Indian ports and airports affected as COVID-19 lockdown hits operations

Following the lockdown imposed to tackle India’s COVID-19 outbreak, all the major ports are experiencing delays due to less manpower

The restrictions on the normal functioning of ports and airports in the world’s seventh-largest economy have left sellers in confusion regarding the flow of goods in and out of the country. Although shipping has been deemed an ‘essential service’ by the government, the shipments are being postponed in most of the major ports and terminals due to lack of manpower.

Logistics Industry

Lack of labour

As stated by PL Haranadh, the Deputy Chairman at Visakhapatnam Port Trust, one of the 12 major ports in India, “Operations have slowed because several staff may be reluctant to come to work fearing health issues. With limited resources, we’re doing our best to ensure that supplies of essential commodities, such as coal, crude oil and containers are maintained.” Although oil operations have so far remained unaffected, most of the ports in India are operating with minimal workforce.

Special cargo flights are operating

Presently all passenger aircrafts are banned although freighter aircrafts carrying cargo including medical equipment are being operated in various parts of the country. The main challenge is to move the cargo from air cargo complexes to the consignee warehouses for imports and sending the cargo to the air cargo complexes for exports. According to Sheen, the Team Leader of the International Business Department of FEI Cargo Ltd, “Unless the transportation embargo is not lifted, we doubt if the freighters announced by the various airlines will be able to come because the air cargo complexes will not have the space to receive the cargo.”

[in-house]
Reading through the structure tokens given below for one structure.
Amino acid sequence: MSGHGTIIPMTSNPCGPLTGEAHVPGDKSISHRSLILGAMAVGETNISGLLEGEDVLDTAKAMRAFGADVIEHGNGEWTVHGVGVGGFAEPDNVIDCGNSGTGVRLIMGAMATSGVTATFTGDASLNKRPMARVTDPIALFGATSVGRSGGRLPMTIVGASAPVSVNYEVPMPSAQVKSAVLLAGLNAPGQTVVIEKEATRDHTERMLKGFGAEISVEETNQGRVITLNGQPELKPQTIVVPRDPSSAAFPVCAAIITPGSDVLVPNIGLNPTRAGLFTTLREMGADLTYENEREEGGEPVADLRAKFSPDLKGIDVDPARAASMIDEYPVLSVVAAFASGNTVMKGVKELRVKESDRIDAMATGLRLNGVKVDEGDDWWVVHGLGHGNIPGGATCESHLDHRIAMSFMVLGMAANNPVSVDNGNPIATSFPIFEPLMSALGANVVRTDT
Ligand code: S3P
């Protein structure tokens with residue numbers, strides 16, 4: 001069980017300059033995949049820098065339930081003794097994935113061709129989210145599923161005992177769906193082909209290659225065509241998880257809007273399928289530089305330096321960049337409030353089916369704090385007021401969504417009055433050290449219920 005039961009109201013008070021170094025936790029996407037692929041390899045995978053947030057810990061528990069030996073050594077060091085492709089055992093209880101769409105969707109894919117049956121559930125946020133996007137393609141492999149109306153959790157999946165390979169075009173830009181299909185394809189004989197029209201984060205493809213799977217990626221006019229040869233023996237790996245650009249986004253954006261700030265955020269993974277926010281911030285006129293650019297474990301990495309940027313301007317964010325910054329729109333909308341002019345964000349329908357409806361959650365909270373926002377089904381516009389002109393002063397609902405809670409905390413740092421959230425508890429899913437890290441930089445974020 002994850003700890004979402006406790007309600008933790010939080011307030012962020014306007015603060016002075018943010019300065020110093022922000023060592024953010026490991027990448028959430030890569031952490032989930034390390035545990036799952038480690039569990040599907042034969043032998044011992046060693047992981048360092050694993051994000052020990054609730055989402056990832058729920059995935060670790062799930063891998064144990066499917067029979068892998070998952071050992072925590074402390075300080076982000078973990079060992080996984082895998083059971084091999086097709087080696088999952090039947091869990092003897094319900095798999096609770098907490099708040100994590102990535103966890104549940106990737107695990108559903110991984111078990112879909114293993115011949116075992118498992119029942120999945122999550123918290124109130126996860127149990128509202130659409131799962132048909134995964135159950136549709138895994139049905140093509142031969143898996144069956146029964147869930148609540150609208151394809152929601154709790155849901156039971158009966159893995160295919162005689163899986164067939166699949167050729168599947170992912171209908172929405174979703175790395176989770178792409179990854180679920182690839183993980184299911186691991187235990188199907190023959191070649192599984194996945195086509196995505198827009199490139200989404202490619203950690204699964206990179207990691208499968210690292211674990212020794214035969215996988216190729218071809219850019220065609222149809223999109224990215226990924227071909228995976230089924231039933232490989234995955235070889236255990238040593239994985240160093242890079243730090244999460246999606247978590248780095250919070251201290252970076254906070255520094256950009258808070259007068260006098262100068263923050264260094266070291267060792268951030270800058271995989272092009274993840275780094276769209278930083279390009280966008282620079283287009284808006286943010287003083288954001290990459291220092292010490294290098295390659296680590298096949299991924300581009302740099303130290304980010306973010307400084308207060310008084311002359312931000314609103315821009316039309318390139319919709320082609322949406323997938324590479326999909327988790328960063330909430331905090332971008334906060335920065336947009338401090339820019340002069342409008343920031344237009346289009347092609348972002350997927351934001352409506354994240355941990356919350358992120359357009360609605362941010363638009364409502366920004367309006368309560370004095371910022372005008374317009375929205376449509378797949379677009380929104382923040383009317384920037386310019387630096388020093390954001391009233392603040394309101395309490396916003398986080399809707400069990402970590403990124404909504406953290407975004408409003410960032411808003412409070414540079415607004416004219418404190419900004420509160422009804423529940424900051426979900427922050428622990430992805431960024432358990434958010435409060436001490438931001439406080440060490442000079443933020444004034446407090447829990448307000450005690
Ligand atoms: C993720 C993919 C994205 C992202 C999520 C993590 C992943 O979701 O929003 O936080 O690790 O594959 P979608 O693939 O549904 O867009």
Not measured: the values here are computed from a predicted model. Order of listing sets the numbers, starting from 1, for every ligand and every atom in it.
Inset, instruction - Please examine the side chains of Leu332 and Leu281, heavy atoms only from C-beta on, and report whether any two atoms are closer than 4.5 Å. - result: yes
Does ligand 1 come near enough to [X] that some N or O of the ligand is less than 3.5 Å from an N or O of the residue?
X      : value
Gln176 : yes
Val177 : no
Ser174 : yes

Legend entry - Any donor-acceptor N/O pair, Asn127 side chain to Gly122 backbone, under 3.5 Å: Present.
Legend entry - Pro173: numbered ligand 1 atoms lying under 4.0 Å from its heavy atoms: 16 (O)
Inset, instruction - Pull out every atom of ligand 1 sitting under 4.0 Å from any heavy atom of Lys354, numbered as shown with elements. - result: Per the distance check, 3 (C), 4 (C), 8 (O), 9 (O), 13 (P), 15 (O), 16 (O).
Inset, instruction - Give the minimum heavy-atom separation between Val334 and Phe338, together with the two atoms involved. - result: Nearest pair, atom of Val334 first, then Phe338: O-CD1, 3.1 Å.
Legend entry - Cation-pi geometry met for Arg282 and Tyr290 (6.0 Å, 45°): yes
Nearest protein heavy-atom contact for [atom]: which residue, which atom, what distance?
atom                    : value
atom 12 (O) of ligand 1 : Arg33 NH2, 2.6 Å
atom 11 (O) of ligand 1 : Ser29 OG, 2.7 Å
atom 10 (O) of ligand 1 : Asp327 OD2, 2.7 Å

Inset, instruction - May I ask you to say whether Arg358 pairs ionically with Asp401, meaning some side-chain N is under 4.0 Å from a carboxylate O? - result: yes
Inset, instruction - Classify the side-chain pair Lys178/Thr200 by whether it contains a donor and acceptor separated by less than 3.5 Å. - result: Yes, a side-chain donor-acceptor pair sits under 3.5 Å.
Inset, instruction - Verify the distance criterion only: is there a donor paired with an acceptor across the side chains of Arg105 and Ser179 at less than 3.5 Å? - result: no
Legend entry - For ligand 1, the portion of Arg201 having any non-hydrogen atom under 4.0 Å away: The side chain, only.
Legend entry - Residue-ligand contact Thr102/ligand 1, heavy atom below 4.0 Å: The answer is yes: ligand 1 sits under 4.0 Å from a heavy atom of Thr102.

CSF/ICDs are short-staffed

Across all the CFSs and ICDs in the country, only pharmaceutical and perishable cargo is being handled. Although the central government has rolled out circulars stating that the CHAs are part of essential services, the local administration is not permitting the staff to reach the ports/airports/CFSs/ICDs to carry out the clearance.

Present Customs Clearance scenario

Very few customs officials are reporting for duty, and only the containers with factory stuffing permission or those containing emergency items are allowed to be cleared. All the other boxes are being held in abeyance. In the words of RS Subramanian, the Senior Vice President and Managing Director of DHL Express, “Customs is always short staffed. Now the officials have given a notification of working for 12 hours (even though the finance minister has announced they will be working 24×7).”


Lack of drivers and the ongoing police intervention in the movement of trucks are becoming a major supply chain concern. Most of the drivers are abstaining from work because of the strict measures imposed due to lockdown.

On the brighter side, all supply chain operations are being reviewed regularly and trade bodies are making repeated representations to the government on instructing the law enforcement agencies to permit workers in the supply chain sector to carry on with their jobs.